Maybe you’ve heard, being constantly busy is bad for your brain. “Many important mental processes seem to require what we call downtime and other forms of rest during the day,” claims a Scientific American article rounding up the research on the subject. Doing nothing now and then is required to replenish motivation and attention, and to form stable memories, science shows.
It’s also required for maximum creativity, according to new research.
Your cluttered mind is a creativity killer.
The study comes out of Bar-Ilan University in Israel where researchers Shira Baror and Moshe Bar asked a group of volunteers to complete a creativity-gauging word association task. For instance, if the researchers said ‘white,’ the participants were asked to name whatever related word first popped into their heads.
Now here’s the twist. The participants had to do this while carrying various mental ‘loads’. Some were simultaneously asked to remember a string of seven digits, while others had to commit only two to memory. How did their performance differ?
“We found that a high mental load consistently diminished the originality and creativity of the response: Participants with seven digits to recall resorted to the most statistically common responses (e.g., white/black), whereas participants with two digits gave less typical, more varied pairings (e.g., white/cloud),” writes Bar in a New York Times article explaining the research.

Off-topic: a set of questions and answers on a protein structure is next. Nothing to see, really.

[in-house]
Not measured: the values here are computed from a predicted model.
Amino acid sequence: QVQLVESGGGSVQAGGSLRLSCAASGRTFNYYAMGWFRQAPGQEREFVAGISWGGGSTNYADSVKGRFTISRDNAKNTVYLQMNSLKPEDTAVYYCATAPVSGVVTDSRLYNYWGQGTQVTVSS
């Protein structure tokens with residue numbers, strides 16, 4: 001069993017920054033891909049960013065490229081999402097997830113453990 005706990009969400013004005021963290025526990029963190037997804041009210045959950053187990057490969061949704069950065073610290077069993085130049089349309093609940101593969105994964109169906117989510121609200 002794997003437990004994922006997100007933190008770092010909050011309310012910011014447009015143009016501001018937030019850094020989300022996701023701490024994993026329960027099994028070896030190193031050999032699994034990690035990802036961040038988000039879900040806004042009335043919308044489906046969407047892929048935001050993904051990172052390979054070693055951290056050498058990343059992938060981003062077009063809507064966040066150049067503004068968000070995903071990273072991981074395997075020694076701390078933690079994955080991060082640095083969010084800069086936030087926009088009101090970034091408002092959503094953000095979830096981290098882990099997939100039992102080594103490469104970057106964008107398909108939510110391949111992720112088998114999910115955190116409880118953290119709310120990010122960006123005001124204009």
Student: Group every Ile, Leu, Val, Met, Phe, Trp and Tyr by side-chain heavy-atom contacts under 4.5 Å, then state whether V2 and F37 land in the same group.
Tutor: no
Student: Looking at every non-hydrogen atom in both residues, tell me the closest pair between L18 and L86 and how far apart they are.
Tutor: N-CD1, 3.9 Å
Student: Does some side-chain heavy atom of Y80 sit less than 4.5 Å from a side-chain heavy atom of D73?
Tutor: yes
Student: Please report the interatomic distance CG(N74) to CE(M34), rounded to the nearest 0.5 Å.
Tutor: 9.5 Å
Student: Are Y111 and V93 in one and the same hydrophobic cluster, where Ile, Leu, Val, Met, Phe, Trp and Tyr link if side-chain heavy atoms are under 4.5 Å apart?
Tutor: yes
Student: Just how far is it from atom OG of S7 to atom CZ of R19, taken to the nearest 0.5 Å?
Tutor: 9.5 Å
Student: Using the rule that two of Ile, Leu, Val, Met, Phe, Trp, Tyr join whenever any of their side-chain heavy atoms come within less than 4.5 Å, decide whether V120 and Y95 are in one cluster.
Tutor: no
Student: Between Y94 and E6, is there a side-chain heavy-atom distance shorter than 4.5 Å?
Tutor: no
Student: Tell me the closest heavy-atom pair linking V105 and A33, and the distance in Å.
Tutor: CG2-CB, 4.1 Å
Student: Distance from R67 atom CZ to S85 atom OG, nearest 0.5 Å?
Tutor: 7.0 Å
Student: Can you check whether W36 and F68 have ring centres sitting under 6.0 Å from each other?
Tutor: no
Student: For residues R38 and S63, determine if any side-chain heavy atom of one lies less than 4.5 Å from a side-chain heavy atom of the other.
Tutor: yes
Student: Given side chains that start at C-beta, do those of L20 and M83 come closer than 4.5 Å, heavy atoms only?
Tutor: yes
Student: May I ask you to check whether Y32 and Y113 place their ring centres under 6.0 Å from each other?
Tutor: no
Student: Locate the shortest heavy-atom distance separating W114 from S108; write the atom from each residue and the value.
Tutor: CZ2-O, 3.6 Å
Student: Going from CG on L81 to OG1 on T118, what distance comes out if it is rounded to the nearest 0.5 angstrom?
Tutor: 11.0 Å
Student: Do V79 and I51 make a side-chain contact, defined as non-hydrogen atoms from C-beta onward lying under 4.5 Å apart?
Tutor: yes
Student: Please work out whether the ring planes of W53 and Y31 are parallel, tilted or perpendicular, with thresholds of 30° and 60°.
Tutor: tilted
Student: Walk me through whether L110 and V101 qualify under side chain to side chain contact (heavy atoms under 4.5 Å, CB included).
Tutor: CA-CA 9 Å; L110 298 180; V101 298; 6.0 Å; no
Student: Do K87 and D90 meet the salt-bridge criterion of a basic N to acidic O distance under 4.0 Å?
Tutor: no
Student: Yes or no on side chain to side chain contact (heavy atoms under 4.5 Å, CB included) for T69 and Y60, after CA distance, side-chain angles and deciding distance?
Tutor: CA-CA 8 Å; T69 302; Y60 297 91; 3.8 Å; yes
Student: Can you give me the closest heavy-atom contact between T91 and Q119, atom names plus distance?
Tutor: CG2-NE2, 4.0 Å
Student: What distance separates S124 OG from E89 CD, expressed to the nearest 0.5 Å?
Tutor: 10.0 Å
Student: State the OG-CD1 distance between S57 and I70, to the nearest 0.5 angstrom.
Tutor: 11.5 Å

That was true no matter how long the participants took to respond, so it wasn’t the case that those with a lot on their minds were simply slower to come up with answers. And this finding isn’t just relevant in the lab. It’s important to understand how this effect plays out in real life too, Bar insists.
“In everyday life, you may find yourself ‘loading’ your mind in various ways: memorizing a list of groceries to buy later at the supermarket, rehearsing the name of someone you just met so you don’t forget it, practicing your pitch before entering an important meeting,” he writes. “These loads can consume mental capacity, leading to dull thought and anhedonia–a flattened ability to experience pleasure.” In short, your cluttered mind is a creativity and happiness killer.
To clear some space for creativity, Bar offers a simple (and incredibly common) prescription — try meditation. That’s no doubt a great suggestion, but there are plenty of other less structured, everyday ways to unclutter your mind as well (personally, I go in for running).
And there’s always the most old school fix of all – simply seize control of your schedule and guiltlessly do nothing for an hour, a day, or even a week to get away from all those grocery lists and presentations, giving your creativity space to run wild.
Plus, New York Magazine’s Science of Us offers another thoughtful takeaway from this research. “The originality–or lack of it–that came with mental load demonstrates how creativity isn’t entirely a fixed, inborn trait,” the blog’s write-up notes. It’s a helpful reminder that you are largely in control of your own creativity.